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How to do a contour integral?

  1. Jul 6, 2013 #1
    Hi there! I'm almost sure that somebody has previously make this same question so, if it is like that, i'm sorry.
    I've just been introduced to contour integrals, I've tried to look around the internet and some text books, but i can't find out what do they actually are so, if someone could explicitly explain me what is exactly a "contour integral", i'd be very grateful.

    PD: By explicitly I mean the formula for doing that integral, there're many examples around the internet, but i haven't found a general expression that explains how to do them...

    Anticipated thanks :)
  2. jcsd
  3. Jul 6, 2013 #2


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    The definition of the contour integral, which should be included in your text book, is pretty much all you need:
    A contour is a one-dimensional curve so x, y, and z can be written in terms of a single parameter, t, say. Then write the function to be integrated in terms of that parameter.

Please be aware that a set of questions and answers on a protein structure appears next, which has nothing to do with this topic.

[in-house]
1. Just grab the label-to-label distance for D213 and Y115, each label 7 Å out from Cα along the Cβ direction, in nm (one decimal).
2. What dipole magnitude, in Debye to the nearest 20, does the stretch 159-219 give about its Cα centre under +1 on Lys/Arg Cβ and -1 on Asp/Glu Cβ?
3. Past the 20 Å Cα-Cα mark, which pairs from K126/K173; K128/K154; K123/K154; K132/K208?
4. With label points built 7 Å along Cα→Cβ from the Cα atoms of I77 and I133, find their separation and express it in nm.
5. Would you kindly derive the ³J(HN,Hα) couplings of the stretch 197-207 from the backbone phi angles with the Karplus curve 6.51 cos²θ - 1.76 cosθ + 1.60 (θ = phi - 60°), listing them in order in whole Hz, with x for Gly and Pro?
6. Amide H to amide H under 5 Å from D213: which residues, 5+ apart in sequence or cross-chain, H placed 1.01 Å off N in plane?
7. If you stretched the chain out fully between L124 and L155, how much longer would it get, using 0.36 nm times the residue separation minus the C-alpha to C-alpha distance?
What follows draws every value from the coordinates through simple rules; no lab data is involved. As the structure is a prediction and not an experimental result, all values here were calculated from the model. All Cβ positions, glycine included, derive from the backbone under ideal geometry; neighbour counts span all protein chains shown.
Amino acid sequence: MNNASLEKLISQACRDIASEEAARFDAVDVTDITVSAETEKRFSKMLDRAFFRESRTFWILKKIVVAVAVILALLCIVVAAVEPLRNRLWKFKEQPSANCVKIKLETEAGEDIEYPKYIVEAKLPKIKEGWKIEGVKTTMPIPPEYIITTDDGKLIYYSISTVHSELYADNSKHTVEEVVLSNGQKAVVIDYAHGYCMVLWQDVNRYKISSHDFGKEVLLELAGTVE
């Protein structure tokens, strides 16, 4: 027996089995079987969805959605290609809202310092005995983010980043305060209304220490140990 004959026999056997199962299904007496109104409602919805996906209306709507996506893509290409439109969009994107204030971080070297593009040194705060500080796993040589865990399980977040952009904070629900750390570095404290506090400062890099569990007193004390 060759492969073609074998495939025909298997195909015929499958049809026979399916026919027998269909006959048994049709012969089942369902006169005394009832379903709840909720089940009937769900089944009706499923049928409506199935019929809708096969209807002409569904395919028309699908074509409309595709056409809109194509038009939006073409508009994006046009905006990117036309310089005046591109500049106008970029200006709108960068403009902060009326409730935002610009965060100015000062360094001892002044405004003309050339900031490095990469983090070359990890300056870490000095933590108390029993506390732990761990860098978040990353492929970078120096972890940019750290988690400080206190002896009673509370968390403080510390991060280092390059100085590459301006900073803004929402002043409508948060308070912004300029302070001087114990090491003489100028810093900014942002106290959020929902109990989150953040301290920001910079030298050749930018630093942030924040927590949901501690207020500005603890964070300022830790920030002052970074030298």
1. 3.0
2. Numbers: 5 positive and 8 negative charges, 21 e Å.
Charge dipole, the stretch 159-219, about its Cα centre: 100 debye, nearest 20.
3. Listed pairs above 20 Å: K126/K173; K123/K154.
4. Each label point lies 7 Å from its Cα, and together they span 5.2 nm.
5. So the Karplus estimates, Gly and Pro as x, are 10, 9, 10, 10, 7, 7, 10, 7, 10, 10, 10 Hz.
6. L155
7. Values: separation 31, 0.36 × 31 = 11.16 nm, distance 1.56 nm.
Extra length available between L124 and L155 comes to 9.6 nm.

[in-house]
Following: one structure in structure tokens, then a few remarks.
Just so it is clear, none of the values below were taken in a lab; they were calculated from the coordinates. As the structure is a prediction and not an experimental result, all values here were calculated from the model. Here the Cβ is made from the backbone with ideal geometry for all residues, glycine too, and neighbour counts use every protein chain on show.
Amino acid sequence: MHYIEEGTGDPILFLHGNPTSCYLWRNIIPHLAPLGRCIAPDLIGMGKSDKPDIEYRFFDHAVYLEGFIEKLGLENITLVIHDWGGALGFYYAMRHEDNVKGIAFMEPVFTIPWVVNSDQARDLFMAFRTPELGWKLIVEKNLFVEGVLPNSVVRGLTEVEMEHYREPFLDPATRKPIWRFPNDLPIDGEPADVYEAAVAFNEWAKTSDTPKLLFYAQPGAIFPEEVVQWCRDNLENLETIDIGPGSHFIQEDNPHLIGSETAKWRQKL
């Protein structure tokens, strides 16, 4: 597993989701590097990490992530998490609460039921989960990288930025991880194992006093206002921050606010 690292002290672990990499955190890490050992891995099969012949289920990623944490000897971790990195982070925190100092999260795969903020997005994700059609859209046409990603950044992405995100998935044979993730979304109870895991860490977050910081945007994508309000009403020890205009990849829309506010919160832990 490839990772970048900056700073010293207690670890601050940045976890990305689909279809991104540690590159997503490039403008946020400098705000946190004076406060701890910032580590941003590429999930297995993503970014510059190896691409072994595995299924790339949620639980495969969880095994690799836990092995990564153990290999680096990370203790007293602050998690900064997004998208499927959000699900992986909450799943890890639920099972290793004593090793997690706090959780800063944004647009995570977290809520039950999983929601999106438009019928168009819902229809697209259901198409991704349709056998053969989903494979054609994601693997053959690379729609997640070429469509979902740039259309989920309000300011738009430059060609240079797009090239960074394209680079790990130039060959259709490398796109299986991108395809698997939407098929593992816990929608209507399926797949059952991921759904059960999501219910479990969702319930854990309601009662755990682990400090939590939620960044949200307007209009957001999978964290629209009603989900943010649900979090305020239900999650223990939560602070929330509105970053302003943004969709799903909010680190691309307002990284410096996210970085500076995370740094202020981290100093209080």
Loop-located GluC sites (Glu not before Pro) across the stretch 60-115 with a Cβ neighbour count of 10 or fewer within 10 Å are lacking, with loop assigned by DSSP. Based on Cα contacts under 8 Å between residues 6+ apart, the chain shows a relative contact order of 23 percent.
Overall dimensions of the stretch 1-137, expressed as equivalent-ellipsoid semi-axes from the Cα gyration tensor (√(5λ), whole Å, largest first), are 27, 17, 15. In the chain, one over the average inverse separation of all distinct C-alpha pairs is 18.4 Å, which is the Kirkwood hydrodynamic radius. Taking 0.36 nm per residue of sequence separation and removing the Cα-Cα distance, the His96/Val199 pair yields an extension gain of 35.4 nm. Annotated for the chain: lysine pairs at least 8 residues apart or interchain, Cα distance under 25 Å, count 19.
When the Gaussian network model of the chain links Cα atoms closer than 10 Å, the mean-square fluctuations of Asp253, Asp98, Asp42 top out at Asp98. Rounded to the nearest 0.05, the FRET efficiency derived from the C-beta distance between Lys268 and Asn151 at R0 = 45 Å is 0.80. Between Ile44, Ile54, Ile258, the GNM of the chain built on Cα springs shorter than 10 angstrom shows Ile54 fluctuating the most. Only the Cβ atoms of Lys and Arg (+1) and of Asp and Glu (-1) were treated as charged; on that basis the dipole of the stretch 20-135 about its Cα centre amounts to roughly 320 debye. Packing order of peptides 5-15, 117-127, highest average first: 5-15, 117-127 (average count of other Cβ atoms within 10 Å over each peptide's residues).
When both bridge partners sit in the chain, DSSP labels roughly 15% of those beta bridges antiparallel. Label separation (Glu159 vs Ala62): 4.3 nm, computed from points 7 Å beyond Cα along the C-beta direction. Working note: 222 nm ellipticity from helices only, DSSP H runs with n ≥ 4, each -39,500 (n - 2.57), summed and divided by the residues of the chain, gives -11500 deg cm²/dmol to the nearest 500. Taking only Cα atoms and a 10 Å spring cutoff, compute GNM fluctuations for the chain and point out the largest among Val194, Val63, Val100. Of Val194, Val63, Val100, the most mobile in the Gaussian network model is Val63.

For example, to integrate [itex]x^2dx+ xydy+ z dz[/itex] from (1, 0, 0) to (-1, 0, 0) along the great circle, above the xy-plane, on the sphere [itex]x^2+ y^2+ z^2= 1[/itex], we can write [itex]x= cos(\theta)[/itex], [itex]y= 0[/itex], [itex]z= sin(\theta)[/itex]. Then [itex]dx= -sin(\theta)d\theta[/itex], [itex]dy= 0[/itex], and [itex]dz= cos(\theta)d\theta[/itex].

    So [itex]x^2dx= (cos^2(\theta)(-sin(\theta)d\theta)= -cos^2(\theta)sin(\theta)d\theta[/itex], [itex]xydy= 0[/itex], and [itex]zdz= (sin(\theta))(cos(\theta d\theta)= sin(\theta)cos(\theta)d\theta[tex].

    We go from (1, 0, 0) to (-1, 0, 0) by taking [itex]\theta[/itex] from 0 to [itex]\pi[/itex]. The integral becomes
    [tex]\int_0^\pi (-cos^2(\theta)sin(\theta)+ sin(\theta)cos(\theta)d\theta= \int_0^\pi (cos(\theta)- cos^2(\theta))sin(\theta)d\theta[/tex]
  4. Jul 6, 2013 #3
    Ok, it's been a little hard to follow since i can't see the symbols correctly, but i finally got it, ty a lot :)
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